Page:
40 Things I Learned Hiking The First 40 Miles of the Appalachian Trail

Last week, my dad and I spent 5 days hiking the first 40 miles of the Appalachian Trail, starting at Springer Mountain and ending at Hogpen Gap (just past Blood Mountain).  This was my first time taking a multi-day hiking/camping trip, and it was an incredible experience.  Here’s what I learned along the way:

  1. Nothing prepares you for the excitement/nervousness of beginning a big hike
  2. Starting early in the morning can take some getting used to, but you’ll appreciate the cool morning air once the afternoon sun hits
  3. Wild owls are cool as heck
  4. The best way to start the day is with a view of the sunrise from the top of a mountain
  5. The trail may be pretty empty at the beginning of the day…
  6. But the later the day gets (and the closer you hike to popular campsites), the more hikers you’ll see
  7. Peeing in the woods is both freeing and terrifying
  8. While hikers seem mostly divided on whether to use sunscreen or not…
  9. Bug spray is a must
  10. Giant millipedes are not cool as heck
  11. Hitting your mileage goal for the day is super rewarding…
  12. But having a long afternoon at an isolated campsite on your first day of hiking can get pretty boring
  13. Setting up camp for the first time can be pretty stressful
  14. Sleeping in a tent may take some getting used to
  15. Seeing the stars at night is unreal
  16. Getting up to pee in the middle of the night is a decision you have to thoroughly think through and commit toIMG_9327 copy.jpg
  17. Candy is a luxury most hikers have no problem carrying extra weight for
  18. You’ll feel really proud of your 8-mile-a-day average until you talk to other hikers who are averaging 15-20 miles…
  19. But you’ll learn it’s not a competition and at the end of the day, everyone is equally excited and exhausted
  20. You can’t skimp out on stocking up on water
  21. The key to tackling uphills is going slow and steady – stopping and starting is a painful process that will only drain you physically and mentally
  22. Seeing people in their 60s+ tackling the AT will give you some serious inspiration
  23. You’ll meet people from all over the country (and sometimes the world)
  24. Staying in shelters may not be your cup of tea…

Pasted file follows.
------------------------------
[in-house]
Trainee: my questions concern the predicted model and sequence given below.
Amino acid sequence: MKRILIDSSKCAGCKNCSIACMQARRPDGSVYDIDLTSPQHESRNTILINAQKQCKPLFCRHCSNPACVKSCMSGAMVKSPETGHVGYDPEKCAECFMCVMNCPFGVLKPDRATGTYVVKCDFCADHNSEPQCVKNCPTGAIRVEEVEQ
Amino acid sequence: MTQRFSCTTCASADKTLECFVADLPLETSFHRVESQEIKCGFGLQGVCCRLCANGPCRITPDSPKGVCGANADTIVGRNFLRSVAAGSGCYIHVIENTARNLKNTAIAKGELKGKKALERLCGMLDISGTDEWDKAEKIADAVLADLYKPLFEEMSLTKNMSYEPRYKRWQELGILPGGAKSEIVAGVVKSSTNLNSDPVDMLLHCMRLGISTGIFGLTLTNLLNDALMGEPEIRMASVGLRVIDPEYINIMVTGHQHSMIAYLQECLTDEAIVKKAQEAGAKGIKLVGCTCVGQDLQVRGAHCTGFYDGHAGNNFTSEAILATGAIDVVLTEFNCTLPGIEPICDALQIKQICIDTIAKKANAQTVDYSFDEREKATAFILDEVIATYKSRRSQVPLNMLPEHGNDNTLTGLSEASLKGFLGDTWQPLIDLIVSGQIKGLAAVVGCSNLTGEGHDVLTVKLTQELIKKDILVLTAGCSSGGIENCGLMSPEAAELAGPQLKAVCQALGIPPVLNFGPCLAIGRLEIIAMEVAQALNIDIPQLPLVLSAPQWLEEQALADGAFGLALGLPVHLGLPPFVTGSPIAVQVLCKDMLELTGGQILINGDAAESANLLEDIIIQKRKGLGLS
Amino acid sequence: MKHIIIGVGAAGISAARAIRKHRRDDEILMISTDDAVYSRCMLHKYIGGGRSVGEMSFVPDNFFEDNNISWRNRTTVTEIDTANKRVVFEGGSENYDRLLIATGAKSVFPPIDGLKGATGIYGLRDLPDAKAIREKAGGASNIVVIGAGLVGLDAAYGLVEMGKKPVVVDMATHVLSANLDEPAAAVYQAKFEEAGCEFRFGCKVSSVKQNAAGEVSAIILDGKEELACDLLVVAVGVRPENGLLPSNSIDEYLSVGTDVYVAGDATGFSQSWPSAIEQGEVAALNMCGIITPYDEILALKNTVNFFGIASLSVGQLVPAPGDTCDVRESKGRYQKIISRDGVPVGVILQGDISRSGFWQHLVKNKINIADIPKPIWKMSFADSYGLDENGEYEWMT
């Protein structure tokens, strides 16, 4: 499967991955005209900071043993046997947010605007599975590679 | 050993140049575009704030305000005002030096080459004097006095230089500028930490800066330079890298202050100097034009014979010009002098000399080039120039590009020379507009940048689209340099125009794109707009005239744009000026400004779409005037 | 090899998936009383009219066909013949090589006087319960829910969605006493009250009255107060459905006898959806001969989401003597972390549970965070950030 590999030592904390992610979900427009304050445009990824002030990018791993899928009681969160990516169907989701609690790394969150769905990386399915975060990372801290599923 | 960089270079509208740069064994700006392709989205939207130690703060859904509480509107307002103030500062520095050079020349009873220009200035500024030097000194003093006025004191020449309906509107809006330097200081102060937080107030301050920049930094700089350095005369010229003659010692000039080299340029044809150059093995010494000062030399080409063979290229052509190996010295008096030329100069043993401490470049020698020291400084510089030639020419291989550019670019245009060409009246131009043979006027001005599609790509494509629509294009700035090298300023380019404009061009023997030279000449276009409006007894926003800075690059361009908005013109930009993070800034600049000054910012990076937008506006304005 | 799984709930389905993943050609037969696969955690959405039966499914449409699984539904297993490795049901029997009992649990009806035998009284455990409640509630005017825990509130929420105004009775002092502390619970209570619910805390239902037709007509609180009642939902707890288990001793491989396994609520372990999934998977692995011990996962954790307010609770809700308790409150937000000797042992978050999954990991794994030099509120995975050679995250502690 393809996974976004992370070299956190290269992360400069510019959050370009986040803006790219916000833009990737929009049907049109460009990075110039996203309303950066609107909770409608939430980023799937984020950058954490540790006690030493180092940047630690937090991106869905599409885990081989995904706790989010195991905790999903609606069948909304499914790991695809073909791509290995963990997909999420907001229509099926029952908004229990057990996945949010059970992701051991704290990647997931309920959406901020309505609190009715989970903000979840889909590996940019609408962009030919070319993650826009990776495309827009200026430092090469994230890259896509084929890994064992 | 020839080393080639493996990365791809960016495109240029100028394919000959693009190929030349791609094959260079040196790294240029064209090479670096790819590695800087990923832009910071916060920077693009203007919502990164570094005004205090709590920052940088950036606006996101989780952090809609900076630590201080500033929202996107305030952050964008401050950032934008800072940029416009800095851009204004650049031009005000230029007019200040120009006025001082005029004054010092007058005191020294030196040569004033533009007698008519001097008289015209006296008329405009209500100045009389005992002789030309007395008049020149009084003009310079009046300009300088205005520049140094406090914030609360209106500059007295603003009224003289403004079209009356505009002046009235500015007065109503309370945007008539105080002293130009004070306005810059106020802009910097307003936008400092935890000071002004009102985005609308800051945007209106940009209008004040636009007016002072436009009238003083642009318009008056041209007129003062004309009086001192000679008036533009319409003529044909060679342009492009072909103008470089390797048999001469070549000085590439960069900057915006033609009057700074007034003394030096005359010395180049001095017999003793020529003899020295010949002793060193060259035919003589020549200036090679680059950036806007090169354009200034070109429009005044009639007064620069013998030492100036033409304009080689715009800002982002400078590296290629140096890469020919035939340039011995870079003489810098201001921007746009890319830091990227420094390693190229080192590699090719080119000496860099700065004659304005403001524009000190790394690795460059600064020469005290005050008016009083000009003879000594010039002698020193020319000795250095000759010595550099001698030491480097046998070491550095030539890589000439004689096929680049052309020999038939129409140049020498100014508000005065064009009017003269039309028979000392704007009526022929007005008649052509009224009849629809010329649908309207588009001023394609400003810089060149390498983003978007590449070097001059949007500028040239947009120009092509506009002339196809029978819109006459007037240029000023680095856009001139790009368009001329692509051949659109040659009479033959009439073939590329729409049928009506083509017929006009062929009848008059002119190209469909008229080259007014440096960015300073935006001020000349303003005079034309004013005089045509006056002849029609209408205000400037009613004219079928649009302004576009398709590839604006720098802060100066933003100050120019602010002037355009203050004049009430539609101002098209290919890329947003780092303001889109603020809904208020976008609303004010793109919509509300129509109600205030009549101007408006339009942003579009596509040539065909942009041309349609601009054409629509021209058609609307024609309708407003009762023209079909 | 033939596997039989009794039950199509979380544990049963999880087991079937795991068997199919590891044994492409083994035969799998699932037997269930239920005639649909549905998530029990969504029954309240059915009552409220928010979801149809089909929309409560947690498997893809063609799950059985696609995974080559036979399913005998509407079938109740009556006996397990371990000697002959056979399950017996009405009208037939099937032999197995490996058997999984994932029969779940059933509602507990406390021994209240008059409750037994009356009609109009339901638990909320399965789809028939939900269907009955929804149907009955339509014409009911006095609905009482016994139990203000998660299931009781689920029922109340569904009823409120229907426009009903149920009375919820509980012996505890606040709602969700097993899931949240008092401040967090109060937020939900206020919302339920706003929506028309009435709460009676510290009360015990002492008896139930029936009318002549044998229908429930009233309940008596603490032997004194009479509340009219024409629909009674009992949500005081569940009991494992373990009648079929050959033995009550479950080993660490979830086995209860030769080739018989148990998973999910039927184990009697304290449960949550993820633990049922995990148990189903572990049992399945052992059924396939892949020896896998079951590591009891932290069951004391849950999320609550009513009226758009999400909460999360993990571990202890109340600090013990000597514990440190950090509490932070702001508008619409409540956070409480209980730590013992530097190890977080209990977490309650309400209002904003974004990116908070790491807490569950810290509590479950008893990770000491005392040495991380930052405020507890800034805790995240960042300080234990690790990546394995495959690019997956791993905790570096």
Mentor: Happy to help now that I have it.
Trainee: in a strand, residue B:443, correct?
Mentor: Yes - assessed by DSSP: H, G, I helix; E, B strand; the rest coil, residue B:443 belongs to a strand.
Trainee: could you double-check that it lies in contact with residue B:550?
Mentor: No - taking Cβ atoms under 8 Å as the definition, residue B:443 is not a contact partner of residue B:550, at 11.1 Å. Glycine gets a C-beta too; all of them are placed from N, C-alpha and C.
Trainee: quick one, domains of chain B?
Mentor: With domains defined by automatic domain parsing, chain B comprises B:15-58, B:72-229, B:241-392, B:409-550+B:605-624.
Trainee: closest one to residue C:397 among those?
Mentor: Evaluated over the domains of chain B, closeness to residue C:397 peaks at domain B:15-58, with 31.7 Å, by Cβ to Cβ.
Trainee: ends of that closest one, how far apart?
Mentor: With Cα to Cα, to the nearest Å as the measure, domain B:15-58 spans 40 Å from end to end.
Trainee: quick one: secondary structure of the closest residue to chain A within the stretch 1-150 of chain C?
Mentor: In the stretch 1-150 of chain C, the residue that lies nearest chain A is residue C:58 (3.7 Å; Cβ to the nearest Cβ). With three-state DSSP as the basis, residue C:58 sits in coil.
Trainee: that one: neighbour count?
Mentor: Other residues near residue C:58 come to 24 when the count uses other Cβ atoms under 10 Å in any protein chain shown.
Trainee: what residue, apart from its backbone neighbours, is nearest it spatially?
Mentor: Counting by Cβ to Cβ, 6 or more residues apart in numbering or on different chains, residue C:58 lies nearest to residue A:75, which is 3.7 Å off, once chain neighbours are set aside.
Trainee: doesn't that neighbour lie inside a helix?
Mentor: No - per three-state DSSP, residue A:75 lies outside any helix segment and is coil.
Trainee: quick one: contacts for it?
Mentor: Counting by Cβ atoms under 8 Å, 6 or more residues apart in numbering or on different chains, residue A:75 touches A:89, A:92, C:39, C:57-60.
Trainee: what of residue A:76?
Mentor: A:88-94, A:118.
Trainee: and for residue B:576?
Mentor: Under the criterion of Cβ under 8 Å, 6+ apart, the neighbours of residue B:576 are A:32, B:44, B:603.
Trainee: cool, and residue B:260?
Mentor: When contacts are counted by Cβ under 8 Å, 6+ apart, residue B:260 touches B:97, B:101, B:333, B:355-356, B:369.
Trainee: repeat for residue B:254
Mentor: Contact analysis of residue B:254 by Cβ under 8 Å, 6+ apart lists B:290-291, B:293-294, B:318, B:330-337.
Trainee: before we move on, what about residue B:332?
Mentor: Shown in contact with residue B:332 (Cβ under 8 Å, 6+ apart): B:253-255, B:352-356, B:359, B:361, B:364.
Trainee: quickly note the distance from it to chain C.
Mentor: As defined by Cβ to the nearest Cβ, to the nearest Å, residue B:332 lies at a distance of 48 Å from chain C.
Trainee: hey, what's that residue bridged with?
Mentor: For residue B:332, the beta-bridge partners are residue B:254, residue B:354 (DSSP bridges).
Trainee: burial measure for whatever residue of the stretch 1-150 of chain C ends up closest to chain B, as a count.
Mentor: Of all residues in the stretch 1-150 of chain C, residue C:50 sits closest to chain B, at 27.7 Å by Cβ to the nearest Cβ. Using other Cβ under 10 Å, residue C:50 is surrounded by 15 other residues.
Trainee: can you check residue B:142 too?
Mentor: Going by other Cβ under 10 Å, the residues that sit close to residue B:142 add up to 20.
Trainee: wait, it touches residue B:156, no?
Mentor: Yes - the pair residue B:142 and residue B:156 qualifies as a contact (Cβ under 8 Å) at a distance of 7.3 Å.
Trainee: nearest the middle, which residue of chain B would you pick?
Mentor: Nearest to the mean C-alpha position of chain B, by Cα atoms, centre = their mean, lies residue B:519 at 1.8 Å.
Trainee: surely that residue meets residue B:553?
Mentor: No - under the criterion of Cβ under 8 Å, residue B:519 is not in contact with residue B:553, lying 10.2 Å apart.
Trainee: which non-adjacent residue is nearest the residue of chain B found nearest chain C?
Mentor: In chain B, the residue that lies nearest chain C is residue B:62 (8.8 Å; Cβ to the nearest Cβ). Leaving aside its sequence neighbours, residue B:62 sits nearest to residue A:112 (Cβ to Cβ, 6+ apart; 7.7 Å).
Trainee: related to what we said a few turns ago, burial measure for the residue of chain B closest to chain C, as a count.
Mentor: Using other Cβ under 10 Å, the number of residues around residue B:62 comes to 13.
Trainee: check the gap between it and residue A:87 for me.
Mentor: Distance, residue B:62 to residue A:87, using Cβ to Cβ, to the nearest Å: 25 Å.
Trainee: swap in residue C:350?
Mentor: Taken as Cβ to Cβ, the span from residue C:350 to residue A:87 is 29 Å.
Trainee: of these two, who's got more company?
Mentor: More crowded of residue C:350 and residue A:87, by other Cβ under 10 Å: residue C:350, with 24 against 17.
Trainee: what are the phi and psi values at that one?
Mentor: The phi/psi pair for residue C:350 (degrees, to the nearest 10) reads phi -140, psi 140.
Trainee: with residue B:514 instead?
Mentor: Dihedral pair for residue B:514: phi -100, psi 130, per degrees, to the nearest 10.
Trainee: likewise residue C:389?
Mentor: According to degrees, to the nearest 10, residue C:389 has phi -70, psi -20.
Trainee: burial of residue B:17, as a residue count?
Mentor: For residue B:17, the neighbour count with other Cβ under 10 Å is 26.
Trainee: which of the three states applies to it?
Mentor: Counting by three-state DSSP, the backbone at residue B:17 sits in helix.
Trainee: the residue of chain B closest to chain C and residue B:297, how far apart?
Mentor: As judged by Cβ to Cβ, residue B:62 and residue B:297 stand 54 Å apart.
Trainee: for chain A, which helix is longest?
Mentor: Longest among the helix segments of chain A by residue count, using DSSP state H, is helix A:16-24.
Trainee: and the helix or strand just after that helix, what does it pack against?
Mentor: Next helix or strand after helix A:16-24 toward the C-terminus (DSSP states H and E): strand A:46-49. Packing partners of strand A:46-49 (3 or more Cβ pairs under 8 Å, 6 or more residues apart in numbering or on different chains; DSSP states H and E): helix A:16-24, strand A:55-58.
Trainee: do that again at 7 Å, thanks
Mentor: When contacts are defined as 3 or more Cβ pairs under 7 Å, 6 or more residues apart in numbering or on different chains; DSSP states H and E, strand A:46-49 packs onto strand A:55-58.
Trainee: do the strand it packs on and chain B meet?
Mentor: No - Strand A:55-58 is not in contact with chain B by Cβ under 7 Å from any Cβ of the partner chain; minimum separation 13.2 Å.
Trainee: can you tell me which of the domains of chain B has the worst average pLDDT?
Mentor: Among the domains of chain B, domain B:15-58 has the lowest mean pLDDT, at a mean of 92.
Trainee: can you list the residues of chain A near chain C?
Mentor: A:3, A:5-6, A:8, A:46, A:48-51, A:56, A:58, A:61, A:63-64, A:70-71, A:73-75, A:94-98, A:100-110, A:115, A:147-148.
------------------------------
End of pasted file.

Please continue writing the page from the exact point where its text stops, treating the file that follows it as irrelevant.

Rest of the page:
25. But take the time to get to know your tent neighbors…
  26. Because you’ll probably end up encountering the same people multiple times on your journey
  27. If you have a trail name, use it! (even if it’s something pretty uncool, like Spitz)
  28. Creeks and streams are a literal godsend, and a popular resting spot for hikers of all distancesIMG_9086.jpg
  29. 9:00 p.m. is a late night for most hikers – once the sun starts setting, anytime is fair game to turn in for the night
  30. Make sure to dig a big enough hole when you stop to go #2
  31. You may think you’re getting an awesome tan, but it’s probably just dirt
  32. The downhill on Blood Mountain is almost worse than the uphill…
  33. And you’ll learn that hiking on flat ground is infinitely better than hiking downhill
  34. Neels Gap feels like a home away from home after a couple days on the trail
  35. You’ll have a whole new appreciation for things like running water, picnic tables, and bathrooms with actual toilets and toilet paper
  36. You’ll meet some of the coolest, weirdest, nicest, craziest, and friendliest people on the trail…
  37. And all it takes is a nice campfire and a round of swapping trail stories or showing off battle wounds to feel like you’ve known your fellow hikers for ages
  38. People who set up “trail magic” stations deserve medals of honor
  39. Hiking a section of the trail will only leave you wanting more…
  40. And hiking any part of it, no matter how big or small, will make you realize how beautiful our world is, and how much of a gift it is to experience, explore, and just exist in it

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